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Japan’s FOIP policy believes that a key for stability and prosperity in the international community is dynamism that is created by combining two continents — Asia and Africa — and two oceans — Pacific and Indian. It identifies piracy, terrorism, proliferation of weapons of mass destruction (WMD), natural disasters and attempts to change the status quo as prominent challenges to the region.
"It gives me immense pleasure to return to the land where the dynamics of the world — the Pacific and the Indian Oceans — converge,” wrote Japanese Prime Minister Fumio Kishida in a column for the Indian Express as he embarked on his second visit to India as a chief of the country. The highlight of his short but significant tour was the announcement of a new plan to promote open and free Indo-Pacific, through which he pledged $75 billion to the region by 2030.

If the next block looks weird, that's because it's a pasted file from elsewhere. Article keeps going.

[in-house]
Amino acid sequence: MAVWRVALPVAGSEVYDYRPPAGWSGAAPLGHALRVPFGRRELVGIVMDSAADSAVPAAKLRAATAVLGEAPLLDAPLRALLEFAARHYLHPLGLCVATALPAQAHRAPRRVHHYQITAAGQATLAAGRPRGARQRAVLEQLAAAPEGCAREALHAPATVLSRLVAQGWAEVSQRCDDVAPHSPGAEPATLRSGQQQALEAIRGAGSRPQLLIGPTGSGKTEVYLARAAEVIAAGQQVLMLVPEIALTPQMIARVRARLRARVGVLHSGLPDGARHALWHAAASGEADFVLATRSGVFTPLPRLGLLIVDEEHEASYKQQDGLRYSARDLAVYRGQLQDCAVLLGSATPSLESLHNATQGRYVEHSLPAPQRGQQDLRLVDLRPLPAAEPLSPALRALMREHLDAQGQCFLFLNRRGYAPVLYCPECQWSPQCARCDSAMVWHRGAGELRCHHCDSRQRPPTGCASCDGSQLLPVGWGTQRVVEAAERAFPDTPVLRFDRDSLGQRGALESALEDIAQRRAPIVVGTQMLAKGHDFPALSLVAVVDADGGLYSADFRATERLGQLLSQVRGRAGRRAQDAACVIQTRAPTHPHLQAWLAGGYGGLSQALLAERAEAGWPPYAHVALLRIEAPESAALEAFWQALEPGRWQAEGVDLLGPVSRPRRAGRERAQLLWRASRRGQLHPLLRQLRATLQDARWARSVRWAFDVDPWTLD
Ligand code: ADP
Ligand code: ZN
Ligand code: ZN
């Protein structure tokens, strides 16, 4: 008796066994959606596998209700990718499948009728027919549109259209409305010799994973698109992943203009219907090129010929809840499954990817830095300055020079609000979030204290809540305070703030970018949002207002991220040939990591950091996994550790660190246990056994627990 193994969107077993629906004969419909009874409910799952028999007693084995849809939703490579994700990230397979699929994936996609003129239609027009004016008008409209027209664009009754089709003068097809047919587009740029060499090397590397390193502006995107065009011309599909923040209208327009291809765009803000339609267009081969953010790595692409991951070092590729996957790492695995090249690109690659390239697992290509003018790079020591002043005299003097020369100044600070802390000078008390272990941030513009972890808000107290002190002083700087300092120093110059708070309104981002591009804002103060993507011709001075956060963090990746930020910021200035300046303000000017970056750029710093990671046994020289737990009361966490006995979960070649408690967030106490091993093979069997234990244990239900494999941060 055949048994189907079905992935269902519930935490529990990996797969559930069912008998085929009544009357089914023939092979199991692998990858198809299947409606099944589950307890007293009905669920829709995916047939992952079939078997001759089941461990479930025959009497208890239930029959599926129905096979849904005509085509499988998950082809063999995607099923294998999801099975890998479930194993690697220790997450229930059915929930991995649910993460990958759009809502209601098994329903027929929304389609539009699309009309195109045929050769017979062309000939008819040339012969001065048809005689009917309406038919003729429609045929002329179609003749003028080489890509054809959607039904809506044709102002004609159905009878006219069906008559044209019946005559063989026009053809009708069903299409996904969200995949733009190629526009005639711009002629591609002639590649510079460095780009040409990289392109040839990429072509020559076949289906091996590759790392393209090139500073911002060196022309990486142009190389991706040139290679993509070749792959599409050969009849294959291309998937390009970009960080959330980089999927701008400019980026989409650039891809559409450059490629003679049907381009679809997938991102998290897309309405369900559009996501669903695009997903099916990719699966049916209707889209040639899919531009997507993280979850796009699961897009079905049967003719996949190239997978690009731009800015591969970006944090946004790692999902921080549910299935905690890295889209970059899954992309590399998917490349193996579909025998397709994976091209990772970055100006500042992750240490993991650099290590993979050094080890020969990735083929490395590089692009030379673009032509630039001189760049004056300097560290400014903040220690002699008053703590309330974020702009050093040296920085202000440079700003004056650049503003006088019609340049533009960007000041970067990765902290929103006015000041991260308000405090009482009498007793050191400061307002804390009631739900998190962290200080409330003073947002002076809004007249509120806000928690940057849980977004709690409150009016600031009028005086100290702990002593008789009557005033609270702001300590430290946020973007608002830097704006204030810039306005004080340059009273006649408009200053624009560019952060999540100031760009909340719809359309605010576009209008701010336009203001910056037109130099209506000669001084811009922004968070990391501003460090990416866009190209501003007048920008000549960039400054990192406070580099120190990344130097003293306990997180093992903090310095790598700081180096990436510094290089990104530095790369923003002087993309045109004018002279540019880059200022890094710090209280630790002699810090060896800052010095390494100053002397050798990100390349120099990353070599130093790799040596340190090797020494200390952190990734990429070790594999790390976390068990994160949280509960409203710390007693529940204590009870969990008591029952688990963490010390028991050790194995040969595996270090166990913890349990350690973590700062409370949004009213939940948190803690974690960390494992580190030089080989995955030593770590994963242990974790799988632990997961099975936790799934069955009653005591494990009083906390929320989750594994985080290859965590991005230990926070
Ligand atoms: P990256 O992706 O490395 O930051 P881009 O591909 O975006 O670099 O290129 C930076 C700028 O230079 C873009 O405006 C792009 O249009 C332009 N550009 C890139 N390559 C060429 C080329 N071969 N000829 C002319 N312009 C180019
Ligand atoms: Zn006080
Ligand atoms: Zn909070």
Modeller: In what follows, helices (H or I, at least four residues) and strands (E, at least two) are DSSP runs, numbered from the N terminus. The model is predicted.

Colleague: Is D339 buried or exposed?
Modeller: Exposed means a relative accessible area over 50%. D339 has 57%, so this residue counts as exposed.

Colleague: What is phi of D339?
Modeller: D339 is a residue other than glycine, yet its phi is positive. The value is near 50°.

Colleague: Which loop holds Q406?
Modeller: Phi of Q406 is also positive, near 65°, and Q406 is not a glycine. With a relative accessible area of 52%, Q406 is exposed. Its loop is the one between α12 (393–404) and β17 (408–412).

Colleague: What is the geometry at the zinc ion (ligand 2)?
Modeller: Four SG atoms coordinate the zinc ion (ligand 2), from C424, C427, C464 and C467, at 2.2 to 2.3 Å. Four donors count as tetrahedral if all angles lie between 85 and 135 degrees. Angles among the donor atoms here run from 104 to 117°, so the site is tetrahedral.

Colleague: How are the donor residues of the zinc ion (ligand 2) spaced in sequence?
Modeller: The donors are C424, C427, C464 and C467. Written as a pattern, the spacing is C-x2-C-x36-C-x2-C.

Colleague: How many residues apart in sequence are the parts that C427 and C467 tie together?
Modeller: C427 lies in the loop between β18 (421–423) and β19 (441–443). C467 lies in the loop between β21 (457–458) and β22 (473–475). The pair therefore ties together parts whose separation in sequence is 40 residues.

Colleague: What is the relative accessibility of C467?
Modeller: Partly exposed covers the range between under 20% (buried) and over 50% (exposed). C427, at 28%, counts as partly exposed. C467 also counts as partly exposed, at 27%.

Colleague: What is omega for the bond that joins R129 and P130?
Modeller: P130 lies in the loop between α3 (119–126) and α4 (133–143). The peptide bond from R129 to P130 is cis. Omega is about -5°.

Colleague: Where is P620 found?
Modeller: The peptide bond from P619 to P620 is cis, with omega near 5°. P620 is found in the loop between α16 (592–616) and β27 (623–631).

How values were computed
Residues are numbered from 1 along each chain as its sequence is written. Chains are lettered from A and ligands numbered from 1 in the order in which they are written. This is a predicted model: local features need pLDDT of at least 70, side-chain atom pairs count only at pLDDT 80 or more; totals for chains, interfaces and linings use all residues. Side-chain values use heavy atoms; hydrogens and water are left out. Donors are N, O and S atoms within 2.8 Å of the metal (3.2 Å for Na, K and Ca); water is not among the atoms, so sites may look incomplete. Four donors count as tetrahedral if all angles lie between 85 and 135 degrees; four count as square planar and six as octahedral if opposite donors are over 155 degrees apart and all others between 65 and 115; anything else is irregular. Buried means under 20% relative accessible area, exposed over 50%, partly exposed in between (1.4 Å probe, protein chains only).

This billions of dollars in investment, which is considered to act as an ‘absolute pin’ against China’s assertiveness, will come from private investment and yen loans and also by increasing official governmental assistance and grants. Kishida also sought solidarity from countries of the ‘Global South’, a broad term referred to countries in Africa, Asia, Oceania and Latin America.
What is Japan’s Free and Open Indo-Pacific (FOIP) concept?
Kishida, in his speech at the Indian Council of World Affairs (ICWA), titled ‘The Future of the Indo-Pacific-Japan’s New Plan for a ‘Free and Open Indo-Pacific-Together with India, as an Indispensable Partner’, announced four new pillars of FOIP.